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Iowa Comprehensive Highway Safety Plan (CHSP). Tom Welch State Transportation Safety Engineer Office of Traffic and Safety Iowa Department of Transportation [email protected] SAFETEA-LU Requirements. Highway Safety Improvement Program (HSIP).

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Presentation Transcript
slide1

Iowa Comprehensive Highway

Safety Plan (CHSP)

Tom Welch

State Transportation Safety Engineer

Office of Traffic and SafetyIowa Department of Transportation

[email protected]

highway safety improvement program hsip

SAFETEA-LU Requirements

Highway Safety Improvement Program (HSIP)

Purpose: to achieve a significant reduction in traffic fatalities and serious injuries on public roads

strategic highway safety plans shsp

SAFETEA-LU Requirements

Strategic Highway Safety Plans (SHSP)
  • Developed by DOT after consultation with prescribed safety stakeholders
  • Analyzes and makes effective use of crash data
  • Addresses four E’s plus management and operations
    • Engineering, Education, Enforcement, and Emergency Response
slide4

SAFETEA-LU Requirements

Strategic Highway Safety Plans (SHSP)

  • Considers safety needs of all public roads
  • Describes program of projects or strategies to reduce or eliminate safety hazards
  • Approved by state governor or responsible state agency
iowa s c hsp

Iowa’s CHSP

Iowa’s plan will be “Comprehensive” rather than “Strategic”

highway safety why a congressional priority now americans can do more to improve highway safety
Highway SafetyWhy a Congressional Priority Now?“Americans can do more to improve highway safety”
  • “…43,000 deaths per year”
  • “Every year this country experiences a national tragedy that is as preventable as it is devastating.”
  • “The enormous cost to society is about $230 billion, or $820 per person.”
  • Transportation Secretary Leon Mineta April 2006
slide7

10th

Global Safety ComparisonsFatality Rate (2002 Data) – Deaths/1B kmVT

  • United Kingdom 7.6
  • Sweden 8.3
  • Norway 8.3
  • Switzerland 8.4
  • Finland 8.5
  • Australia 9.0
  • Denmark 9.2
  • Canada 9.3
  • USA 9.4
  • Germany 11.1

(Source: IRTAD 2004)

slide8

Safety Culture

Why Success in Other Industrialized Nations ?

“Safety Culture”

  • United Kingdom
      • Typical speeding, safety belt or cell phone traffic violation fine £ 1,000 = $1,893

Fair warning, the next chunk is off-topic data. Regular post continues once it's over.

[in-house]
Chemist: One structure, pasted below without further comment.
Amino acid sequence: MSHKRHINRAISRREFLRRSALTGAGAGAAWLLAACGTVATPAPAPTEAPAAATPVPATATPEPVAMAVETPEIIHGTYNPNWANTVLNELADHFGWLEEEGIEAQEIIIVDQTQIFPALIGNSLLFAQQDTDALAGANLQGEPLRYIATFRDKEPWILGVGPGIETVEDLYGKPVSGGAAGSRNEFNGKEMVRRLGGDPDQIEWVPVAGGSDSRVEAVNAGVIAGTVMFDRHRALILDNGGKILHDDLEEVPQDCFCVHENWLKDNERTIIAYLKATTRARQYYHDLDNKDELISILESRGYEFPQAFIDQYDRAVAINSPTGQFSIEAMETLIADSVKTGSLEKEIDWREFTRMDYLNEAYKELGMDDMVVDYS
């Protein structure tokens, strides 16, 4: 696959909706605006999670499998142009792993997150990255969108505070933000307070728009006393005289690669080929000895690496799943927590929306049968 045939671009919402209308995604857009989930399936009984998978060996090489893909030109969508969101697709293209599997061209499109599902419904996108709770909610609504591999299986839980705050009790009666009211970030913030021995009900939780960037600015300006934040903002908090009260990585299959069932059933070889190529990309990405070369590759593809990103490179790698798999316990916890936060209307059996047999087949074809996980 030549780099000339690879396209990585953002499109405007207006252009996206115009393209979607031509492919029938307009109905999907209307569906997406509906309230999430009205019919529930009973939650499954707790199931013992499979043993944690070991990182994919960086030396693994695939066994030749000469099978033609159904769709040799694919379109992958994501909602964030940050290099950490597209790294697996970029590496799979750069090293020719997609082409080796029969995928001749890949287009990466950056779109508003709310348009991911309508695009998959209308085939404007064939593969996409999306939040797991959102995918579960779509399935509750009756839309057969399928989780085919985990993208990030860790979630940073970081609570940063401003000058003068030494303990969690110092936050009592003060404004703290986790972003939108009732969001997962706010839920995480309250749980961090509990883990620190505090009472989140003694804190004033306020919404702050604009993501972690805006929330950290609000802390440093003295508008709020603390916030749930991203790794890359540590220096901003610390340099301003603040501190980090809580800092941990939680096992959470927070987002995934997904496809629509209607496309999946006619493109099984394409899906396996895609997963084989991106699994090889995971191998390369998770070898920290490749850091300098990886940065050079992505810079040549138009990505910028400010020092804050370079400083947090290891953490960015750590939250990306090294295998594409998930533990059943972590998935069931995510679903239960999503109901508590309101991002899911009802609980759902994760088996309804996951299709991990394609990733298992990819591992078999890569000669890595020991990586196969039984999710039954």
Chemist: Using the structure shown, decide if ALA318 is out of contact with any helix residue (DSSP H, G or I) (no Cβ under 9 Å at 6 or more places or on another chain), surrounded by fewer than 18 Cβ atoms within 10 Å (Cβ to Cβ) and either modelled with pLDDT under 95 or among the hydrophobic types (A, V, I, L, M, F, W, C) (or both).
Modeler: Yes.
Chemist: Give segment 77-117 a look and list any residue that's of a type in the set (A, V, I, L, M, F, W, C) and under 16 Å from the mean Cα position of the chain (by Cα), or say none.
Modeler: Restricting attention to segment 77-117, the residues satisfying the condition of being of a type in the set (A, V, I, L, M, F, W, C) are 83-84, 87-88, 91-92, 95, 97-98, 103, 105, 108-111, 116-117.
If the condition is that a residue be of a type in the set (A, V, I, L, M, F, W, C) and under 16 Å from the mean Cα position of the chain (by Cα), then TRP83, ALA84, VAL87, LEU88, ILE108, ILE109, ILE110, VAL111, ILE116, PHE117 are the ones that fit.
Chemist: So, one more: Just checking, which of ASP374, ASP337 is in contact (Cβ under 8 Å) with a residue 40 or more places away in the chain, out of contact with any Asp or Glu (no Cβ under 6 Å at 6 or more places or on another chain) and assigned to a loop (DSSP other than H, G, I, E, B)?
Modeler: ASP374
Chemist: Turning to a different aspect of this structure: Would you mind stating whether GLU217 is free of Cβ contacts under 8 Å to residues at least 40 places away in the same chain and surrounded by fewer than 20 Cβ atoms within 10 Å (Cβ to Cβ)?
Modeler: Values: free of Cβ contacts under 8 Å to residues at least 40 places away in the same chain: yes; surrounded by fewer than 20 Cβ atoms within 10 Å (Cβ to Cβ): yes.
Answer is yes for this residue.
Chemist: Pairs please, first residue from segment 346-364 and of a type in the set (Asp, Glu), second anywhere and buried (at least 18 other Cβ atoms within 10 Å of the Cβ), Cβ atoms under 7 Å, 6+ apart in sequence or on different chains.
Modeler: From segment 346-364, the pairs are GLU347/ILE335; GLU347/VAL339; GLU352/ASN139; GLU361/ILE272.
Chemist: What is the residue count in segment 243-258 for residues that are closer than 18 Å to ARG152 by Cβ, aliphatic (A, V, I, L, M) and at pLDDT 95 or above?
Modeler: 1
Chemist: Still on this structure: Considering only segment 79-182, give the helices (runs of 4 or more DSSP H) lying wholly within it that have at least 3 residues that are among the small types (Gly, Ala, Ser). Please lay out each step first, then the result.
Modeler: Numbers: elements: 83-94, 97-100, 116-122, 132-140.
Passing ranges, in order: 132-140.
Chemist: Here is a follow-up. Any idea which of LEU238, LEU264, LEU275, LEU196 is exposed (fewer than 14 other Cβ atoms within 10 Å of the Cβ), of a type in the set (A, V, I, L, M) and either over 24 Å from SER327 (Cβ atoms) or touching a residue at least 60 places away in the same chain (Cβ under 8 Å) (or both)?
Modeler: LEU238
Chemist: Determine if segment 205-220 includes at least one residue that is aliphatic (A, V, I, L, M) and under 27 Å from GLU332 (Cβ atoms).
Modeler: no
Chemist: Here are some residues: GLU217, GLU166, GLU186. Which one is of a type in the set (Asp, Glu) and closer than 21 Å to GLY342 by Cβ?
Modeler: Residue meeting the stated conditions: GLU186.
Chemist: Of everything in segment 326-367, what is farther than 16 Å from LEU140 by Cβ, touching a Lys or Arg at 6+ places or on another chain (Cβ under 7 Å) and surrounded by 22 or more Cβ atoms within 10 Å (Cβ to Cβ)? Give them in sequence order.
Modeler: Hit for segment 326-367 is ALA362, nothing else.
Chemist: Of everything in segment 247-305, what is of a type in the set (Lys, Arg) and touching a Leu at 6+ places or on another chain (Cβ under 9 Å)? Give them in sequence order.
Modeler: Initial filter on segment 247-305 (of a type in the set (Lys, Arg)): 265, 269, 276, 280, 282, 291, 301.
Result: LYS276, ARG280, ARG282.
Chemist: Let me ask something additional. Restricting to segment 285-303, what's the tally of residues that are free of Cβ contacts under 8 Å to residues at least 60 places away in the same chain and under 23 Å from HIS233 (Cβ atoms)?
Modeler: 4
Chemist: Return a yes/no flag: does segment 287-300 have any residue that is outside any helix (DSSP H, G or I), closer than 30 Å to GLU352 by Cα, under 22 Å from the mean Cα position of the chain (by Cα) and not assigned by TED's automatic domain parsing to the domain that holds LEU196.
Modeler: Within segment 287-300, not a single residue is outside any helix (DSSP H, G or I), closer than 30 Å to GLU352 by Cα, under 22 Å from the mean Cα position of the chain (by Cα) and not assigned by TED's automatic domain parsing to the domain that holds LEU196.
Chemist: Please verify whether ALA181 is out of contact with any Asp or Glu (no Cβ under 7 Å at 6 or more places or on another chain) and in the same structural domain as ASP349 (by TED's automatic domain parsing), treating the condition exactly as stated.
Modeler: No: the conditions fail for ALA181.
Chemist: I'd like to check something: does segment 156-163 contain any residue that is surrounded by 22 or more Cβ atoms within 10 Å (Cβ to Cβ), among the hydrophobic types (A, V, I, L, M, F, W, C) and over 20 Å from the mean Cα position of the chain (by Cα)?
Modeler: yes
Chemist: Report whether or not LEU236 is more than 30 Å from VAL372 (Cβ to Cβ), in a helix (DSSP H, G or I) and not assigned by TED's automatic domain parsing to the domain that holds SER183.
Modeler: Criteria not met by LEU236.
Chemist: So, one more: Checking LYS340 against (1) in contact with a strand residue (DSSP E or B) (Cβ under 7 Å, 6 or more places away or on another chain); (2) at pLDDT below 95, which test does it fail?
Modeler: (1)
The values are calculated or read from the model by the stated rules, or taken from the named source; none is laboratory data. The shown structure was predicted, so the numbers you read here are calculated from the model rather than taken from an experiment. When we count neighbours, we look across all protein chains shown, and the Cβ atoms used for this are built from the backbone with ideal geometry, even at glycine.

• Automated speed enforcement is commonly employed
    • Sweden
      • “Vision Zero” national goal is NO highway deaths
      • The lowest legal level is .02 BAC
slide9

Safety Culture

Why Success in Other Industrialized Nations ?

“Safety Culture”

  • Norway
      • Increased traffic fines up to 30 percent in 2003
      • Driving under the influence carries mandatory jail time.

Denmark:

      • Fines are collected on-the-spot for the infringement of all traffic regulations.
slide10
Traffic fines generally are based on two factors:

the severity of the offense

the driver\'s income

“Jaako Rytsola, a 27-year-old Finnish Internet entrepreneur and newspaper columnist, was cruising in his BMW one recent evening. The officer pulled over Mr. Rytsola\'s car and issued him a speeding ticket for driving 43 miles an hour in a 25-mile-an-hour zone. The fine: $71,400.”

Safety Culture

Finland“When it comes to crime, the wealthy should suffer as much as the poor.”

slide11
From nearly identical rates in 1980, the Australian rate has fallen to a point where it is now a little more than half the U.S. rate. (Based on public health measures of deaths/population)

Implementing the “Halving Fatalities” goal introduced several traffic safety legislative and regulatory amendments to increase police powers, sharpen laws, and increase penalties.

Safety Culture

Australia - Most like the U.S.Government, Road Systems and Travel Patterns

HALVING Roadway Fatalities

A Case Study from Victoria, Australia

1989-2004

slide12

Safety Culture

Australia’sSafety Culture Based on Every Driver’s Responsibility:

Impairment

  • .05 blood alcohol content (BAC) for all drivers
  • Zero BAC first three years after licensing and for taxi drivers
  • Immediate license loss for all drunk-driver second or subsequent offenses

HALVING Roadway Fatalities

A Case Study from Victoria, Australia

1989-2004

slide13

Safety Culture

Australia’sSafety Culture Based on Every Driver’s Responsibility:

Enforcement

  • Increased random breath testing: Efforts increased five-fold resulting in one in three drivers likely (statistically) to be tested annually